Service as a category signals intrinsic and invaluable aspects of the digital humanities. However, epistemologies grounded in subject/object distinctions and a privileging of the ideal or conceptual or practical over the material impedes our ability to recognize the extent to which the devaluation of the feminized undergirds our evasions and our debates in ways that point to the political unconscious of the field. Social semiotics make it difficult to attend to service within a productive frame of analysis, imbued as it is with gendered anxieties regarding bodies, boundaries, and the loss of control and autonomy with respect to labor and reproduction. These associations are far from fixed, and contain contradictions that can be exploited. However, to do so, an equitable, ethical, and politically responsible digital humanities must work toward an epistemology that can deal with the imbrication of our work with an embodied set of relationships wherein gender and other forms of difference matter in the apportioning of attention, value, status, and resources. We can start by engaging with boundary objects, liminality, and materiality within the generative, messy, and contested zone of delivery and interfaces where straightforward subject/object and agential/passive distinctions are undermined. Bringing service to the fore will permit the conflicts and anxieties that it generates to be addressed more directly and effectively, setting the stage for change. Recognizing service as a pervasive and crucial form of knowledge work within DH requires no less than shifting the epistemologies that govern how we understand a wide range of activities. But it offers the opportunity to rethink the humanities in ways that avoid replicating toxic and inequitable hierarchies and practices, allowing us to imagine instead what a service to the academy it would be to deliver substantial change in how we relate to technologies.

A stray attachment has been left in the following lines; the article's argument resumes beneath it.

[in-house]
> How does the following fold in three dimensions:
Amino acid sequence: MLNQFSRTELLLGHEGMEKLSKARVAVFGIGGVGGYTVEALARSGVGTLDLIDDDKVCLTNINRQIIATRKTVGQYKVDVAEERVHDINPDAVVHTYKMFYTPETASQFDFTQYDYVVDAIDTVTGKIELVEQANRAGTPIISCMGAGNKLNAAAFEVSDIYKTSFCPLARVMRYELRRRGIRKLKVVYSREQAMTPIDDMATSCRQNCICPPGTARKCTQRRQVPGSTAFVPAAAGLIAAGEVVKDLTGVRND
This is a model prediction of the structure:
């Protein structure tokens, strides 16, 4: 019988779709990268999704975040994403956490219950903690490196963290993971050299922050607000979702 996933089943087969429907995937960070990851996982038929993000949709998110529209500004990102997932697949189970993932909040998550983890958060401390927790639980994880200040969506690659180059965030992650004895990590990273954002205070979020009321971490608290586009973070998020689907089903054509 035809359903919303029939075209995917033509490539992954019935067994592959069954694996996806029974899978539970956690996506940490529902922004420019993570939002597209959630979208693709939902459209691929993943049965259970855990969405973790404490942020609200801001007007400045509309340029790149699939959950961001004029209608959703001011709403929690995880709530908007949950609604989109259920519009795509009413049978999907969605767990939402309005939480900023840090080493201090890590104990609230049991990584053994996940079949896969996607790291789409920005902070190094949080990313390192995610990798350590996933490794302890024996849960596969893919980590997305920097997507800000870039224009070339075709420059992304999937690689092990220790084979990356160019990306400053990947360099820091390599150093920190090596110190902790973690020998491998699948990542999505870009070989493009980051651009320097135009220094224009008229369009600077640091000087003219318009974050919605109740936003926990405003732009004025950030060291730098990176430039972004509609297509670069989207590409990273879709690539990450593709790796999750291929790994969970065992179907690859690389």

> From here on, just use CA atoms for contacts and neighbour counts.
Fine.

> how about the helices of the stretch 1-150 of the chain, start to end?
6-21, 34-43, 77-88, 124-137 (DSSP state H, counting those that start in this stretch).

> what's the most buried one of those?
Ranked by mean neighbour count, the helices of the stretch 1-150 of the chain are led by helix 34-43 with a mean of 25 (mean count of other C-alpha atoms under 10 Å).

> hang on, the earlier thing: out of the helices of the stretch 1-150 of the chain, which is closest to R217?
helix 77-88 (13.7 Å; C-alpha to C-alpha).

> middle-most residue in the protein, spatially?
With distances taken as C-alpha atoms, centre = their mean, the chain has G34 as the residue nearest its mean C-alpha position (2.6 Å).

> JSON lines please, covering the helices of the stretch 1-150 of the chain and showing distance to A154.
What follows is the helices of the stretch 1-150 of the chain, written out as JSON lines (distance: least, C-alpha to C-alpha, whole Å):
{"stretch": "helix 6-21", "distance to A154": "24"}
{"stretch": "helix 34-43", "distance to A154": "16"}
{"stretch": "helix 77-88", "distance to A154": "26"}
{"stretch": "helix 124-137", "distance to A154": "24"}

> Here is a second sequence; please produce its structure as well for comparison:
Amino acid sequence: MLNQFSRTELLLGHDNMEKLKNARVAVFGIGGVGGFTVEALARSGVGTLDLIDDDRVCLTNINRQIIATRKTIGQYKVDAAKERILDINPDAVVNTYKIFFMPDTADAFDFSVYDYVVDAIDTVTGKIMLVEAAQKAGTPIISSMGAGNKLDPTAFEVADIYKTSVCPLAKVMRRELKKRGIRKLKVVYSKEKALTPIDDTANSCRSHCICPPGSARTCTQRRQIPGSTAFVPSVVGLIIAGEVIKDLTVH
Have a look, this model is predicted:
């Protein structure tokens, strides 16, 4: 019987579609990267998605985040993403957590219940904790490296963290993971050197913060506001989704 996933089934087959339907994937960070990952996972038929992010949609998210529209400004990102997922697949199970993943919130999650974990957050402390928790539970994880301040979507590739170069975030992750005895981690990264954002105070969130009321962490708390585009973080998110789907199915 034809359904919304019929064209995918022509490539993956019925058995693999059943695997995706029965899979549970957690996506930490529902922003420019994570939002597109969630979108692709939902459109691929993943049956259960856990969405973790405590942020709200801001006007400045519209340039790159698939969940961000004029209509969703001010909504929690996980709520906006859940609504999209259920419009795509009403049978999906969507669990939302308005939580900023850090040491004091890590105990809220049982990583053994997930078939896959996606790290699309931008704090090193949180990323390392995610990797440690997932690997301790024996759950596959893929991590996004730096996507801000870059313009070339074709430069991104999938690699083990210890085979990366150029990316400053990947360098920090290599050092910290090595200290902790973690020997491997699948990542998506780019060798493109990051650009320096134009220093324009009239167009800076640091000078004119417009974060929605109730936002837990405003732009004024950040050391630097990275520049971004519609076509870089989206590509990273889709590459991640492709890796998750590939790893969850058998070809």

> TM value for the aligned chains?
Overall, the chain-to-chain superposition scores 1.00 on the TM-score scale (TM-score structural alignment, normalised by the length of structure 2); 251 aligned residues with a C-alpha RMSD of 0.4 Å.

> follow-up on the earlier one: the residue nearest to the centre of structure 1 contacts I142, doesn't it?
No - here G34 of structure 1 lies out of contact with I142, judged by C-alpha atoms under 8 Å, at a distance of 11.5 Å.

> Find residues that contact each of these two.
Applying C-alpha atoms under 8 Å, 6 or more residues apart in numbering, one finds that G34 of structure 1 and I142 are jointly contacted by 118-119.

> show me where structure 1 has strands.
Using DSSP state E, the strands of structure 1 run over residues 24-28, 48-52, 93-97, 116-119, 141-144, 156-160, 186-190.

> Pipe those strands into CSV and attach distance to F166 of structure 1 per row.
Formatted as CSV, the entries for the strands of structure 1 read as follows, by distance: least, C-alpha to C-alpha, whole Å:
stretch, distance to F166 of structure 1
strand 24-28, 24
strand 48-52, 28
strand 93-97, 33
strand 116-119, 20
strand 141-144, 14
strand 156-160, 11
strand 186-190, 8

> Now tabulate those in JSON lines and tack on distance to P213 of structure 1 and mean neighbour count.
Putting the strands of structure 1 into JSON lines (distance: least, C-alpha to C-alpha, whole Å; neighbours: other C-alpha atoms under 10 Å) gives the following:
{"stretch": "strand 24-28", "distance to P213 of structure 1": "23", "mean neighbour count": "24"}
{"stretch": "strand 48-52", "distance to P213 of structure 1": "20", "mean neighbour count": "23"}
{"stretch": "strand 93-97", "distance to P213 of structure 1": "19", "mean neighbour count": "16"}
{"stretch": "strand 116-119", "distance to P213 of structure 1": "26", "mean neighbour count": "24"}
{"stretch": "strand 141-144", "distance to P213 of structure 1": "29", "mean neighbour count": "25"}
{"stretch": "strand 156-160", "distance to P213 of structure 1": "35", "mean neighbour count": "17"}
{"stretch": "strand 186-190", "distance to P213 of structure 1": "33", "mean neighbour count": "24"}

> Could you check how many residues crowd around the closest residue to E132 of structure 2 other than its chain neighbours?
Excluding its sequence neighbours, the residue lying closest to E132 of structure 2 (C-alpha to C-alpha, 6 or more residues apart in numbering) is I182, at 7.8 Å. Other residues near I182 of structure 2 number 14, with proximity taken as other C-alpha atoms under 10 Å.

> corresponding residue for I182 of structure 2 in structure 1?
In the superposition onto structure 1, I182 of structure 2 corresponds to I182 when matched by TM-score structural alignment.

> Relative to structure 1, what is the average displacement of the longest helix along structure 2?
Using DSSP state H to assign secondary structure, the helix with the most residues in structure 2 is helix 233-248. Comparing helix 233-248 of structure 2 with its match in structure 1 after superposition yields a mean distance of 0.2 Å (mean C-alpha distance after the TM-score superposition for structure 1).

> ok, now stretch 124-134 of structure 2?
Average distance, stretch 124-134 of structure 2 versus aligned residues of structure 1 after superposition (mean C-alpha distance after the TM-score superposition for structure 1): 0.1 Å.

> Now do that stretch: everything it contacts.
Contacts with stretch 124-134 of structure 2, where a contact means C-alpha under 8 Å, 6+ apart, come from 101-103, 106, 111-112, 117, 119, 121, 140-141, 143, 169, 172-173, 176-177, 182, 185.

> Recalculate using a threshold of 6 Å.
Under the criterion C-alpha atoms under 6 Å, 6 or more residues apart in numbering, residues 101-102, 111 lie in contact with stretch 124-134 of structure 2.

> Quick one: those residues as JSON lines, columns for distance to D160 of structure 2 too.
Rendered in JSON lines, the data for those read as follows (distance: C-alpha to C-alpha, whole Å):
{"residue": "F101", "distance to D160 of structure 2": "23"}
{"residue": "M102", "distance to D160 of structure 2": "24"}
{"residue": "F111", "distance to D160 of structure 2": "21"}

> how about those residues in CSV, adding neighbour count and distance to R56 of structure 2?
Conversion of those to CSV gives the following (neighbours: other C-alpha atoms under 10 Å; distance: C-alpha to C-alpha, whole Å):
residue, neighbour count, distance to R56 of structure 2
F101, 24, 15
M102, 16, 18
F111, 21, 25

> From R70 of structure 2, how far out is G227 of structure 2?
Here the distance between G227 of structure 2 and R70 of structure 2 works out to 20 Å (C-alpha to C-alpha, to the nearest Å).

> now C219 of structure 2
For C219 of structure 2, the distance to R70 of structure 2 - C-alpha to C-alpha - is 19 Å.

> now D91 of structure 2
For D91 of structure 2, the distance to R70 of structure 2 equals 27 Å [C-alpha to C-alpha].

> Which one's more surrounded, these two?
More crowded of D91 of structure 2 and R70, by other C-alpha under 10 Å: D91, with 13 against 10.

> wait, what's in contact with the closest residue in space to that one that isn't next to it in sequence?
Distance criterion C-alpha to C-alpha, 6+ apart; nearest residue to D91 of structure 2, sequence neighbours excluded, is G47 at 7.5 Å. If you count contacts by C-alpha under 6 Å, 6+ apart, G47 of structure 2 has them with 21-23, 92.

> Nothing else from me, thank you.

Many thanks to editors Liz Losh and Jacque Wernimont, and the anonymous reviewers for the Press, for their help and guidance with this essay. Very thorough feedback from peer-to-peer reviewers Lisa Brundage, Julia Flanders, and Sharon Leon prompted revisions that I hope have clarified the argument.
1. For instance, the Women Writers Project is both inextricable from the development of text encoding as a methodology within the humanities and the feminist project of expanding our objects of analysis beyond the canon, in this case the canon of pre-Victorian women writers. Julia Flanders’s essay on the relationship between gender and encoding (Flanders, “Body Encoded”) is a rare early example of gender being brought to bear on methods within a dedicated DH publication. More typical is engagement with the feminist component of such projects in journals or anthologies beyond DH, as is evident in the citation trail from that early article and in Wernimont and Flanders, “Feminism.” The later piece exemplifies the way in which such endeavors are deeply informed by inter- and trans-disciplinary feminist analyses which are engaged most often outside of DH contexts.